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A 30-year-old woman with acute knee injury
  1. Suzanne Witjes1,
  2. Tammo H Pels Rijcken2,
  3. Cor P van der Hart3
  1. 1Department of Orthopaedic Surgery, Academic Medical Centre, Amsterdam, The Netherlands
  2. 2Department of Radiology, Tergooi Hospitals, Hilversum, The Netherlands
  3. 3Department of Orthopaedic Surgery, Bergman Clinics, Naarden, The Netherlands
  1. Correspondence to Suzanne Witjes, Department of Orthopaedic Surgery, Academic Medical Centre, Meibergdreef 9, 1105 AZ Amsterdam, The Netherlands; suzanne.witjes{at}

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A 30-year-old woman was admitted to our hospital with acute knee pain after she had fallen while downhill skiing. In this fall she went through a typical valgus trauma with external rotation in the right knee, in which she observed a direct pain and popping sensation. At the scene of the accident the knee was cooled directly and a pressure bandage was applied. One day later she presented at the out-patient clinic. The patient was able to bear weight on the right knee and pain was not a major problem. There was no locking, but she complained of giving-way. On inspection, a large effusion was present. On physical examination valgus stress was painful and tenderness of the medial collateral ligament was present. Range of motion was only slightly limited due to pain and effusion. Lachman sign was positive in comparison with the contralateral side. The conventional lateral knee radiograph showed an abnormal deep depression in the lateral femur condyle (figure 1A).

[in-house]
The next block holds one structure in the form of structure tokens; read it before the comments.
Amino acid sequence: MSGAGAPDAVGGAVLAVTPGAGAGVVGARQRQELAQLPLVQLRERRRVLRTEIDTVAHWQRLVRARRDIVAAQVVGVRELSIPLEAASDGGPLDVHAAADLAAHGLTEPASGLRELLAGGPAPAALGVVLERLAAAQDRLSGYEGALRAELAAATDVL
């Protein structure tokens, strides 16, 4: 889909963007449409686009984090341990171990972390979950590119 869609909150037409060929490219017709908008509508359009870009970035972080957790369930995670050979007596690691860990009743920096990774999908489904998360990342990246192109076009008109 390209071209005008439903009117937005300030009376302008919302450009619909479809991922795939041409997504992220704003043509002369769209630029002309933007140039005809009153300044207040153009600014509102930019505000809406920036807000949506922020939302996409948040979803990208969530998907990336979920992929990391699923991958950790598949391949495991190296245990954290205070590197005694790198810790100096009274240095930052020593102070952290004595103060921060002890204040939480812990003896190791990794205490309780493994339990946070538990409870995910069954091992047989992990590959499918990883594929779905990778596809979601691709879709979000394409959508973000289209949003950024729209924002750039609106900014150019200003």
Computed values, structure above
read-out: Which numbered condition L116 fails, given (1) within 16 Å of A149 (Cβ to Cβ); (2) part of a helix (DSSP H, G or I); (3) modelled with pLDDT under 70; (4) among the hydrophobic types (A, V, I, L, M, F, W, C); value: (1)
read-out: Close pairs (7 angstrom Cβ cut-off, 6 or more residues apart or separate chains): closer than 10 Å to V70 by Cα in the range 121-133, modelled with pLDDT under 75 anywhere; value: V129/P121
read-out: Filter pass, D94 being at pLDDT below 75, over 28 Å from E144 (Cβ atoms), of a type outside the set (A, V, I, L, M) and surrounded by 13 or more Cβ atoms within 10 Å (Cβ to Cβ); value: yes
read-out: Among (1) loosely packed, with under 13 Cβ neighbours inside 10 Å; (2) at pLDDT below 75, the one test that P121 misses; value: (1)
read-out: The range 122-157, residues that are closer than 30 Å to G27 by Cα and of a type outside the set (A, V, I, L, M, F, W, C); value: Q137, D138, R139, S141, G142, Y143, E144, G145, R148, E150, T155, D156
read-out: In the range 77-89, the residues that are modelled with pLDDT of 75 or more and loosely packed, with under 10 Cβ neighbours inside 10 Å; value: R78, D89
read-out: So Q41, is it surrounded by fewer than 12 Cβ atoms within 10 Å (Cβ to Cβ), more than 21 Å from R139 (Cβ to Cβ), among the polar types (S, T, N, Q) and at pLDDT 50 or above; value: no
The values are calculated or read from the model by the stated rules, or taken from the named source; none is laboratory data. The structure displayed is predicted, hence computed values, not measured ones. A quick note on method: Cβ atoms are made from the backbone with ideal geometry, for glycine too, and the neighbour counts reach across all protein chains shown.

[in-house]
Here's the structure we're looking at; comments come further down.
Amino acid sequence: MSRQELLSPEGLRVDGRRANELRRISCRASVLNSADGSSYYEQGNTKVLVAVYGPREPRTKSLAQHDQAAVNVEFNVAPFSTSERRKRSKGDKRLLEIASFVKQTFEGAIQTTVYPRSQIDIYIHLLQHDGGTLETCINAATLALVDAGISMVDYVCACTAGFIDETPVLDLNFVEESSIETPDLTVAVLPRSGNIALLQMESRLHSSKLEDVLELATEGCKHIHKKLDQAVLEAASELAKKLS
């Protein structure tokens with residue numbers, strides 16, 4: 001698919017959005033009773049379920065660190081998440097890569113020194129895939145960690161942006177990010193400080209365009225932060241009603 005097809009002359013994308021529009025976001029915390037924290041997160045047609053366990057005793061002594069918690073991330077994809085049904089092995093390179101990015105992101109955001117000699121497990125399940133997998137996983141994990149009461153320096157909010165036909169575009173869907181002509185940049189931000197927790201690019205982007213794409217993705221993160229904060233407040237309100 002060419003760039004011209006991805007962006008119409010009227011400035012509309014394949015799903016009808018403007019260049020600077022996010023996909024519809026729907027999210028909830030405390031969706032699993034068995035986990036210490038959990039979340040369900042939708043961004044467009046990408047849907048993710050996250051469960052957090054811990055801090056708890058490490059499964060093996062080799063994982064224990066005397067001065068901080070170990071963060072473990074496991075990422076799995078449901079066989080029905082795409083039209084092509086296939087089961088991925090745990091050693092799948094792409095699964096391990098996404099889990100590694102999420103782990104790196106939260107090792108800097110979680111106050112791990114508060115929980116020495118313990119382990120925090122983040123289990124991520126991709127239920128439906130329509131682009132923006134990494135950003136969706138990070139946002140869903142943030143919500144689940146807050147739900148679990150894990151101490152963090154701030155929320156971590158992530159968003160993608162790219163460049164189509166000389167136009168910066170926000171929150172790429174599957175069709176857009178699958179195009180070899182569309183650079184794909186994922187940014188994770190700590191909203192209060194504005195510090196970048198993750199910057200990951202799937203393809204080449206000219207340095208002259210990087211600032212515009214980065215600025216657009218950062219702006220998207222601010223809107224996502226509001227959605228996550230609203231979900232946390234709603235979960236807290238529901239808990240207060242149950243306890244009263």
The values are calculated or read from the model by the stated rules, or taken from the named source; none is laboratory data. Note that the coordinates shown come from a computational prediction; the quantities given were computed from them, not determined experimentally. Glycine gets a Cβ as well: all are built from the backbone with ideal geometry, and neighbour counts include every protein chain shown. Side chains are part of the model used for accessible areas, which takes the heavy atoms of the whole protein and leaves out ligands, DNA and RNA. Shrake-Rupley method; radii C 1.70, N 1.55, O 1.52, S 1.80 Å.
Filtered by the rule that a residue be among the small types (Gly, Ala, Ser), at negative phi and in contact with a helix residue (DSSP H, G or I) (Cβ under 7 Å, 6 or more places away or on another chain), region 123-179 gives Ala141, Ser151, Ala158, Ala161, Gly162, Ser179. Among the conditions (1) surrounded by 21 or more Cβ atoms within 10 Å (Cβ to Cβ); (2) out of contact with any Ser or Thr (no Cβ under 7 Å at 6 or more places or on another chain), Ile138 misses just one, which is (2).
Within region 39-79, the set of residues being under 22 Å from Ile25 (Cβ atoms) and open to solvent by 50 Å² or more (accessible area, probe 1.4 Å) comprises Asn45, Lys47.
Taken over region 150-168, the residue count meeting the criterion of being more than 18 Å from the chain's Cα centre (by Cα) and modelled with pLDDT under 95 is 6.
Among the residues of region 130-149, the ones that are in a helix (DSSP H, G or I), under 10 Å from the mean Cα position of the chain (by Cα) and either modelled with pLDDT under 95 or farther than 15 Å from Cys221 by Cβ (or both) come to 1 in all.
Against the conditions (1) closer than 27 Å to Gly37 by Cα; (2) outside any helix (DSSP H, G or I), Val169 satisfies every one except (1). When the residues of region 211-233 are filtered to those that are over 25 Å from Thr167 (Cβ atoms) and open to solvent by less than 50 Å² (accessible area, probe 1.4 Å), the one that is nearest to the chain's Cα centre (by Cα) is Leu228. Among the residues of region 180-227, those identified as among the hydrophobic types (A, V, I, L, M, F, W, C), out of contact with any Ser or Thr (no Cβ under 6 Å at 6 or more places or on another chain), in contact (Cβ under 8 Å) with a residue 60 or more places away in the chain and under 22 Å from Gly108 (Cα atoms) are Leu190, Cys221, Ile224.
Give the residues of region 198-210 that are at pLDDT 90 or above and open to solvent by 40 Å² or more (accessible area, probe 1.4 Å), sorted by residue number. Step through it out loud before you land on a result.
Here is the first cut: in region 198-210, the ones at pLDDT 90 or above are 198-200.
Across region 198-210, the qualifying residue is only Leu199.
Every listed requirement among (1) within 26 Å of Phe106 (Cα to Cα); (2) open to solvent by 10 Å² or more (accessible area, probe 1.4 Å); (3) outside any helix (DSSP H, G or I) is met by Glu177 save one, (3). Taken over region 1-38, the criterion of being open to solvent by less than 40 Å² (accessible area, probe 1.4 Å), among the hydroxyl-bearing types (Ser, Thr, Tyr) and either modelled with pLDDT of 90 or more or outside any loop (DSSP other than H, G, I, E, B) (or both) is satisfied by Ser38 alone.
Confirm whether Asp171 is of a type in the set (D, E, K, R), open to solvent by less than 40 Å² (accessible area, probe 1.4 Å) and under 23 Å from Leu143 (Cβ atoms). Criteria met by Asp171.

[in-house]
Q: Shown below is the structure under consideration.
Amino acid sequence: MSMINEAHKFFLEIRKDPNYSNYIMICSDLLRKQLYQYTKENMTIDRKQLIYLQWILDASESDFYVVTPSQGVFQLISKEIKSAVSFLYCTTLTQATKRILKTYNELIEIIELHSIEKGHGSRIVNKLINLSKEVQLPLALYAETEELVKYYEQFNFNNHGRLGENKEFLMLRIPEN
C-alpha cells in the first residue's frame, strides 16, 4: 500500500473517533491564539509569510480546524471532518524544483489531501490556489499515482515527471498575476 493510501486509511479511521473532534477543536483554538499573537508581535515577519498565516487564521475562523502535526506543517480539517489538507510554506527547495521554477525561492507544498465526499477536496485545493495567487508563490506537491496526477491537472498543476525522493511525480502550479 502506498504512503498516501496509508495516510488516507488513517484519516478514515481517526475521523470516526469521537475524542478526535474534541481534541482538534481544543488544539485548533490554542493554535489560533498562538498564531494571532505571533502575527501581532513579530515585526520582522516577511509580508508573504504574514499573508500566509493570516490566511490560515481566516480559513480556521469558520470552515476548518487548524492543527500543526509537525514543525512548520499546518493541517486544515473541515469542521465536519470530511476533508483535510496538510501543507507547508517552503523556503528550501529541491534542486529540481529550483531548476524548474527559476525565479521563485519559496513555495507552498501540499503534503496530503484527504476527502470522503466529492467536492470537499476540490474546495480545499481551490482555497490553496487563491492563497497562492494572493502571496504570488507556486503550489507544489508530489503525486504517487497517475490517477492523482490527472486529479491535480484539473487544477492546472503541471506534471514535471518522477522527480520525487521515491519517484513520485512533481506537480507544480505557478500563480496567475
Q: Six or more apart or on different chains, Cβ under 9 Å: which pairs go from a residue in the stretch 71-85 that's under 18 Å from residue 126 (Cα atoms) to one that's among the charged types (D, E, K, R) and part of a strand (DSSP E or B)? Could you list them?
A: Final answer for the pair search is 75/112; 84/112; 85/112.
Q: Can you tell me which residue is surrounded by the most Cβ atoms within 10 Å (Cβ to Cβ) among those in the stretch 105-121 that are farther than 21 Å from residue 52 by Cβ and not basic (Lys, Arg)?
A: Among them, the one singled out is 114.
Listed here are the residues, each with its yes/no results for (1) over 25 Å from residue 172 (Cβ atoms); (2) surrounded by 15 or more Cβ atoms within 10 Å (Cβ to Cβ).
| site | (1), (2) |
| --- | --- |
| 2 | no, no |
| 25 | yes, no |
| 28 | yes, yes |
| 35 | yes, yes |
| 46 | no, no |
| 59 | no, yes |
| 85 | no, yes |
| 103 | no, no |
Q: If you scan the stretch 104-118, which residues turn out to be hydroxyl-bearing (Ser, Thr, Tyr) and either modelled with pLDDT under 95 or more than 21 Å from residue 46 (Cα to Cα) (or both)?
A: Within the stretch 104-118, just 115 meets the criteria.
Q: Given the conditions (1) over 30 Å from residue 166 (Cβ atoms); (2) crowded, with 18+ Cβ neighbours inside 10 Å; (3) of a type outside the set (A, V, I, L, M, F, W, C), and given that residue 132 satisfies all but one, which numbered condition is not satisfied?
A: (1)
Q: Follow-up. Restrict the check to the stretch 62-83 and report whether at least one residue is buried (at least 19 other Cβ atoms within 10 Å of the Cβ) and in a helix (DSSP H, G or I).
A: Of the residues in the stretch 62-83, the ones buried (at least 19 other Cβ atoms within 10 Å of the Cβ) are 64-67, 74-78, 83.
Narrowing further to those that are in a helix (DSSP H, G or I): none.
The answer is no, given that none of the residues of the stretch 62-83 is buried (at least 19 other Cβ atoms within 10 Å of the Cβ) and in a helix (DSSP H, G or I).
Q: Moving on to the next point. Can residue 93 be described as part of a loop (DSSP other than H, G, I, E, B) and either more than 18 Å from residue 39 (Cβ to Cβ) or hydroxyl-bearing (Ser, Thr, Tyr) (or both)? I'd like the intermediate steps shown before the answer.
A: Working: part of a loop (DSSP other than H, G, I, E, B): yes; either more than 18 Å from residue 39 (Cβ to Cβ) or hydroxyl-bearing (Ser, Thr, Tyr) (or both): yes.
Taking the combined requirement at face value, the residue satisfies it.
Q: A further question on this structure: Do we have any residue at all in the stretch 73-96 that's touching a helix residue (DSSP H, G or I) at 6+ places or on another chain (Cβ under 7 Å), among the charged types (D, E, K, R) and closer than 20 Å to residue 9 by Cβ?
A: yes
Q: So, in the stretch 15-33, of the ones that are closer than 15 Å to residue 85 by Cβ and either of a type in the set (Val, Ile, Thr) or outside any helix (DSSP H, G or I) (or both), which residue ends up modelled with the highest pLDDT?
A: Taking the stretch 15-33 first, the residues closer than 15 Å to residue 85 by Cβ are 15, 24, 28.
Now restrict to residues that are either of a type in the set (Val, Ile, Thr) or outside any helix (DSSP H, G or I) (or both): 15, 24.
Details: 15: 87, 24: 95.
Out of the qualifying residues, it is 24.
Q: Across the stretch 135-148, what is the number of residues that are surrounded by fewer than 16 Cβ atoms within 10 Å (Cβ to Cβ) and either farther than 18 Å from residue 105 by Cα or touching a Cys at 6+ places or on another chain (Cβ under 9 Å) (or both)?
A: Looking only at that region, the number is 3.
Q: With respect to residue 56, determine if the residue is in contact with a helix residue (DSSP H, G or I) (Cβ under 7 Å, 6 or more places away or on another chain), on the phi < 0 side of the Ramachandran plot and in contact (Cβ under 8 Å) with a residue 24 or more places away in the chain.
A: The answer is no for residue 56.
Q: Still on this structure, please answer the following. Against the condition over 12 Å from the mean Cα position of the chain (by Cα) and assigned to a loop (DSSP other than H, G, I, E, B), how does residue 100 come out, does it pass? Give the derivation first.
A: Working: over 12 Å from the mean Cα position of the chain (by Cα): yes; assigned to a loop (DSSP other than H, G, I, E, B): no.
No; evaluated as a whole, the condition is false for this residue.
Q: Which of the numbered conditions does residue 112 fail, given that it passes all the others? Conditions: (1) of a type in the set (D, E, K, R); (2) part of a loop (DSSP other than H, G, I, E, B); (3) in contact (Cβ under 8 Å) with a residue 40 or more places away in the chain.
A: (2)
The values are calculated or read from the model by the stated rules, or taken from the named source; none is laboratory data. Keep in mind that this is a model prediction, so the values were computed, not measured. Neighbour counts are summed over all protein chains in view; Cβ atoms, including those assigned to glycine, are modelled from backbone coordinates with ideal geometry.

Figure 1

Lateral radiograph of the right knee shows a lateral condyle sulcus of 3 mm, which is abnormally deep (solid arrow). The normal central depression on the medial condyle (dashed arrow) can be observed anterior to the traumatic depression in the lateral condyle (A). The solid white line in (B) represents the Blumensaat intercondylar line. The method of measuring the depth of the sulcus is also shown in (B): a line drawn tangentially across the lower articular surface of the lateral femur forms the reference line. The depth of the sulcus (normal <1.5 mm) is measured perpendicular to this line at the deepest point.

What is this indentation on the lateral femoral condyle and what causes it?


Additional MRI showed a prominent bone contusion at the location of the radiographically visible depression in the lateral femur condyle (figure 2). Remarkably, also …

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